New Service Launches to Support Summer Reading Programs
May 31, 2003
College Park, MD
The International Children's Digital Library (ICDL) will unveil a new, basic version of its interface software at University of Maryland's Human-Computer Interaction Lab twentieth annual open house today.
The ICDL is a joint effort by the University of Maryland's Human-Computer Interaction Lab, a leader in children's interface design, and The Internet Archive, the Internet's largest library, to create an extensive library of international children's literature and make it available worldwide.
The new HTML-based interface software substantially increases the accessibility of the ICDL's collection, and complements the enhanced, Java-based version of the web site. With this basic version of the ICDL's software, users on dialup connections, slow international links, or older PCs can easily access the collection.
"We can push the outer limits of interface design on the enhanced, high bandwidth version of the site while at the same time serving a much broader audience with this new basic service," said Dr. Allison Druin, project leader of the ICDL at the University of Maryland.
The ICDL's technology is being developed with a team of interdisciplinary and intergenerational researchers, and children ages 7-11 years old are a critical part of the design process as the ICDL is being created.
"The ICDL's collection provides access to the best children's books worldwide, but a primary benefit of the project will be in discovering how children can best interact with digital books," said the ICDL's Director, Jane White. "This advancement in our ability to provide access will also support our collection development by making it easier for new partners serve their constituents."
Since its launch in November, 2002, the ICDL has served up 200,000 digital books from 21 countries. More than 60 percent of the patrons are female, and about half of the children visiting the site are accompanied by an adult.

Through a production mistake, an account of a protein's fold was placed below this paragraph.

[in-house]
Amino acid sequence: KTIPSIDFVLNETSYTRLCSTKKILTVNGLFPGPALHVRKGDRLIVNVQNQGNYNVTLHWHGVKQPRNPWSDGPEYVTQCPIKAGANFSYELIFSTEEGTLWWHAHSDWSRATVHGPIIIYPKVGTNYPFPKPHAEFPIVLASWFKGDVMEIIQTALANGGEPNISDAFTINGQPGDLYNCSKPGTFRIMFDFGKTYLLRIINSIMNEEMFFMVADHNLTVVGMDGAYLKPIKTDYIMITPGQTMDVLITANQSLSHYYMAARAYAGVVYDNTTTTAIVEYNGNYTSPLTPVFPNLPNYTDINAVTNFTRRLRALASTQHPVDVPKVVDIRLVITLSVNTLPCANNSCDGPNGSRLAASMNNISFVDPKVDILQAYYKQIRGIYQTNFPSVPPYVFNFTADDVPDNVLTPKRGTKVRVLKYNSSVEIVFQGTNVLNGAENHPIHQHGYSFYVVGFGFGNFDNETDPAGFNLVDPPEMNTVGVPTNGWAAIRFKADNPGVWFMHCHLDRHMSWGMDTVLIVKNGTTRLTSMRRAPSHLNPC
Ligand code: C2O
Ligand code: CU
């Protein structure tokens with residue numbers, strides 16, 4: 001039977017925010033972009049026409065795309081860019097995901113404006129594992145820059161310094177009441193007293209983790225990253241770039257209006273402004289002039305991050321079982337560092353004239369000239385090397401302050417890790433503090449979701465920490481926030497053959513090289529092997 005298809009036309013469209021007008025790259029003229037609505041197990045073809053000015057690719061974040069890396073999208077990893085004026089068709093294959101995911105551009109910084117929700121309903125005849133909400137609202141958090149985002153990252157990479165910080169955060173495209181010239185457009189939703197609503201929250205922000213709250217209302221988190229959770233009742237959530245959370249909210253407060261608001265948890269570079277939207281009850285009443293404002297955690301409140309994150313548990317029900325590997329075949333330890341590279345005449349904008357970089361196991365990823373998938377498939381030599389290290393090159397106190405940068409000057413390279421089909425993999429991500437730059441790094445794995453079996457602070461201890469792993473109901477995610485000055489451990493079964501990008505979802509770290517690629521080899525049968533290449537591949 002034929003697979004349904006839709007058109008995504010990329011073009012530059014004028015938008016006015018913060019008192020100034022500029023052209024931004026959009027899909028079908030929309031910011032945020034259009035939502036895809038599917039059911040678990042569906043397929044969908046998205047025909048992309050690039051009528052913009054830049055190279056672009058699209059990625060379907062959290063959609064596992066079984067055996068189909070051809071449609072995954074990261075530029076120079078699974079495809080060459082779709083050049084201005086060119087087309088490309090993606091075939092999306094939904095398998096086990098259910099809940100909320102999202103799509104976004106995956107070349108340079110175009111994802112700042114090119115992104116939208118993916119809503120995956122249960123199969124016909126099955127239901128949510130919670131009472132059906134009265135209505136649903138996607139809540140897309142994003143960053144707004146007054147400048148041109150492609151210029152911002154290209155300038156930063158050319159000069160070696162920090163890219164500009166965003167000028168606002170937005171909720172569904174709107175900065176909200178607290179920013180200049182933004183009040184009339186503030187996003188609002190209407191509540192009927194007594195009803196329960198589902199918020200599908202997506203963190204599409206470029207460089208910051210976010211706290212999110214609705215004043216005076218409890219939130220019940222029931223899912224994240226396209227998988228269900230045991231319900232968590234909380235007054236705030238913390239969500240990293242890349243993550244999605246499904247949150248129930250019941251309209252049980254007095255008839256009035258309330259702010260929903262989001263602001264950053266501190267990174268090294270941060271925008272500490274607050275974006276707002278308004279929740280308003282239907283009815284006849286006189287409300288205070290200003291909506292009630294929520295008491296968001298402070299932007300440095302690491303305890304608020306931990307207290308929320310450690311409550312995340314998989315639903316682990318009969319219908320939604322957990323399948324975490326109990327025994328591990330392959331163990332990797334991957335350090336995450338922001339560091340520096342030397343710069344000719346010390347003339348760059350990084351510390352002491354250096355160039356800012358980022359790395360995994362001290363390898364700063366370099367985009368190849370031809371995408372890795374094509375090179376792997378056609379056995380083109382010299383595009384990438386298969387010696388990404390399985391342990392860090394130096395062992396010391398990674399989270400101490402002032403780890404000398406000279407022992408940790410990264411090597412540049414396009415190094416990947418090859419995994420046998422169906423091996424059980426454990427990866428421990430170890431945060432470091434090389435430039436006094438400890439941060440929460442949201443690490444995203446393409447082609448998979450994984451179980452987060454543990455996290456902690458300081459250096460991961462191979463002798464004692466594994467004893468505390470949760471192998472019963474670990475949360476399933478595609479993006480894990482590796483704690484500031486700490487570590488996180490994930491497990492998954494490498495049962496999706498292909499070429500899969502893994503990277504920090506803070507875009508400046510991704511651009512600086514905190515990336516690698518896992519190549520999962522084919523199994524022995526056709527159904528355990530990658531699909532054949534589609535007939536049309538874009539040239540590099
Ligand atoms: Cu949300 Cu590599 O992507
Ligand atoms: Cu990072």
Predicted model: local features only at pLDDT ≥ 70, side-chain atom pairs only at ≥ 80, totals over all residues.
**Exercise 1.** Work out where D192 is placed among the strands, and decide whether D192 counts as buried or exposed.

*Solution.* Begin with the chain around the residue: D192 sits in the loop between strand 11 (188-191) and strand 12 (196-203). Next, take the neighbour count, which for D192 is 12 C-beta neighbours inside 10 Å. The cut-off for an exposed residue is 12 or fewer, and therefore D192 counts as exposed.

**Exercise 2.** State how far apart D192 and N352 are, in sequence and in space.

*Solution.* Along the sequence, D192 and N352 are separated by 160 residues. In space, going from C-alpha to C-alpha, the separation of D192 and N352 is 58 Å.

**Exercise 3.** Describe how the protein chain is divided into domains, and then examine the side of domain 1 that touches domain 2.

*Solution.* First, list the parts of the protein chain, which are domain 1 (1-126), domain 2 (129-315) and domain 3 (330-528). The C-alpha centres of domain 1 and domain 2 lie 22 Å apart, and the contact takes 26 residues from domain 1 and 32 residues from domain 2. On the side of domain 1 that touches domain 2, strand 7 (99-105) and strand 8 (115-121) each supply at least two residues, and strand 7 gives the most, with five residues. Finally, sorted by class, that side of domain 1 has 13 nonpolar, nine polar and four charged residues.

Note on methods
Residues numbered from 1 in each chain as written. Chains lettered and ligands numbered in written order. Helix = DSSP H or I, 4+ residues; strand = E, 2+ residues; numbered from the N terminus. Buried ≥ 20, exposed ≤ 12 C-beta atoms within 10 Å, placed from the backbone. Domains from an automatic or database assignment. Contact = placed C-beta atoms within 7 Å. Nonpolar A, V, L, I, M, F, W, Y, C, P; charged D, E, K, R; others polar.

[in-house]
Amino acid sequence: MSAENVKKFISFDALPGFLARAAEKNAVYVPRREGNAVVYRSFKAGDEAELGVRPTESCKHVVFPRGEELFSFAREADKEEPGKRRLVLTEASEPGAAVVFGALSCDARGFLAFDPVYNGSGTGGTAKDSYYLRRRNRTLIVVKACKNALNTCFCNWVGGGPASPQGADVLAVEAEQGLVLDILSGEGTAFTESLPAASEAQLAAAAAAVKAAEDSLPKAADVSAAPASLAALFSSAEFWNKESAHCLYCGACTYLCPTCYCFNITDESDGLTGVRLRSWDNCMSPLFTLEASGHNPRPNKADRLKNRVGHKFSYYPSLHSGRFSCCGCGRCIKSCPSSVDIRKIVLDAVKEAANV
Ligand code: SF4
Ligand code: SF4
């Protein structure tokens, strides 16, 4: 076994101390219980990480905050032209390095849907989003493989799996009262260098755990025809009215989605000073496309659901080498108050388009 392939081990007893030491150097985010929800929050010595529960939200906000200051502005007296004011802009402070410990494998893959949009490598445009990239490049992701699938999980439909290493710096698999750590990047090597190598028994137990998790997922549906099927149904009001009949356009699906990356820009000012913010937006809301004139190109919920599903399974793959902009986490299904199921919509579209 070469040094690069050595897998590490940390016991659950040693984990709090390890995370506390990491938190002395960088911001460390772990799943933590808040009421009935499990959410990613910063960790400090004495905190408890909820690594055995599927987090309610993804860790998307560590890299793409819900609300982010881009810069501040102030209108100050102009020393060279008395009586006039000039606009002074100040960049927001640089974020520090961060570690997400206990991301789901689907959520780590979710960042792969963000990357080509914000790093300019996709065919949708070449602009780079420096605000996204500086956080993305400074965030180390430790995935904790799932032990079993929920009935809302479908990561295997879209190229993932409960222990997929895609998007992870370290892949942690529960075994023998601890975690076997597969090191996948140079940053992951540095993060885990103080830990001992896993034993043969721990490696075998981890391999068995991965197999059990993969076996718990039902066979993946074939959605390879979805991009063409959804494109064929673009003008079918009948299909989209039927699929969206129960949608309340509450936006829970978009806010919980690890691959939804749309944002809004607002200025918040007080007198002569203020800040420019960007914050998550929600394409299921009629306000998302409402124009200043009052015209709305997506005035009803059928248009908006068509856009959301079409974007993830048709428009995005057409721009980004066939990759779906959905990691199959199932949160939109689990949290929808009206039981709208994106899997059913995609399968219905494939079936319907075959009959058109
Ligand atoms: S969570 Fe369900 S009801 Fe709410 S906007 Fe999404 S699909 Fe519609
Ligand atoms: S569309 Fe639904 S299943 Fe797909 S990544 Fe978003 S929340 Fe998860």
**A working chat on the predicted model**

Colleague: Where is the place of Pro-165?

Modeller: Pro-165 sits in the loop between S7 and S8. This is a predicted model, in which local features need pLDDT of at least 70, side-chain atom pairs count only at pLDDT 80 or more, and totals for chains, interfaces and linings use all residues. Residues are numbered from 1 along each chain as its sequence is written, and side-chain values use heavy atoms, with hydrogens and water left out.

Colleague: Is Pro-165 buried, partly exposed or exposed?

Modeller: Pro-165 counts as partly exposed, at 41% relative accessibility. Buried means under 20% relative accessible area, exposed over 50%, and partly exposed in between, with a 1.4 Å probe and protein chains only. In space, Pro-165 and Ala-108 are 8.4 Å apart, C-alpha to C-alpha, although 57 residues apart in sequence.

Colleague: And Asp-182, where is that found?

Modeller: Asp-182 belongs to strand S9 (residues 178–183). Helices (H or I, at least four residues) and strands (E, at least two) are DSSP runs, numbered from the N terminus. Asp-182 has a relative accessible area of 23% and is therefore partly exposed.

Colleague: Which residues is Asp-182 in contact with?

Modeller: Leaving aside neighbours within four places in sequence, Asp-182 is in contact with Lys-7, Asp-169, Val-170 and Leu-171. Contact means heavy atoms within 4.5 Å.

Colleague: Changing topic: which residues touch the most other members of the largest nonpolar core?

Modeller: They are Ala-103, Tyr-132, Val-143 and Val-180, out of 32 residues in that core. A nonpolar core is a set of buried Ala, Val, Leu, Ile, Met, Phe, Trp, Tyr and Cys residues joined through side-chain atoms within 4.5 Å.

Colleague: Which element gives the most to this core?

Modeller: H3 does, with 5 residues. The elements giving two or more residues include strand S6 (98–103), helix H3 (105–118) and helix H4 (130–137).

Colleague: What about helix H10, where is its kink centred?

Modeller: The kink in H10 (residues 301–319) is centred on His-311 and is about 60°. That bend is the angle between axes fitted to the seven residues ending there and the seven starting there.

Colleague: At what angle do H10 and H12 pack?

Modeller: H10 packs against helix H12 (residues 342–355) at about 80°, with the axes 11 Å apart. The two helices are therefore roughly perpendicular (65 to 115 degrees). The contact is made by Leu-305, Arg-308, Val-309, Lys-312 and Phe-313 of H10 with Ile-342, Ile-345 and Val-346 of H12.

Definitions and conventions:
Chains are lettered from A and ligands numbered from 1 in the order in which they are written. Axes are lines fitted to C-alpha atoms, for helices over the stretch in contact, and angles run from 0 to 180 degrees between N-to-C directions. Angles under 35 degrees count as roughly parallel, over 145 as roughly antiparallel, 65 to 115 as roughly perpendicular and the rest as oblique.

"Two of the most important goals of this project are the development of new user interface technology for children, and providing broad access to books," said Dr. Ben Bederson, Director of the Human-Computer Interaction Laboratory at the University of Maryland. "This new basic version of site is all about broad access."
Access to books in multiple languages is particularly important for school and public libraries, but most libraries in the United States have few materials for children in languages other than English. "The ICDL may make it possible for children whose primary language is not English to fully participate in summer reading programs for the first time," said Dr. Ann Carlson Weeks, Professor of the Practice in the College of Information Studies at the University of Maryland. "The budgets of most libraries would not allow them to purchase children's books in Tongan or Shona even if they could locate them!"
Sally Levin, librarian at the Von Humboldt School, a K-8 elementary school in the Humboldt Park neighborhood of Chicago, has been working with both the enhanced and basic versions of the ICDL's software. "Many teachers have a hard time getting to the library, but now they can access not just a card catalog, but actual books from their homes and classrooms. That opens huge possibilities for integrating really good literature into the general curriculum," she explains. "I can't wait to show it to more teachers, and say 'oh you're doing a unit on Japan, let's look and see if there are children's games or poetry from Asia. Perhaps we can even find some books written in the Japanese language for the children to see.'"
Levin adds that having the books in digital form allows many students to share and discuss the same stories, which is difficult when only one or two copies of a book are available, and that reading the books onscreen works for many of her patrons. "They really like the variety of ways of finding books," she says. "And they love the high quality illustrations. We have kids who read several books at one sitting."
Supported by National Science Foundation (NSF), the Institute of Museum and Library Services (IMLS), the Kahle/Austin Foundation, the ICDL is a five-year, $4.4 million research project that will ultimately provide access to 10,000 children's books, drawn from 100 different languages, as well as new technology to support children's access to digital materials.
For further information, see the ICDL's web site at http://www.childrenslibrary.org/, or contact:
- Leon Tune, University of Maryland, email@example.com, 301/405-4679
- Sharmon Kollet, University of Maryland, firstname.lastname@example.org, 301/405-2769
- Jeff Ubois, the International Children's Digital Library / The Internet Archive, email@example.com, 510/527-2707
- Eileen Maxwell, Institute of Museum and Library Services, firstname.lastname@example.org, 202/606-8339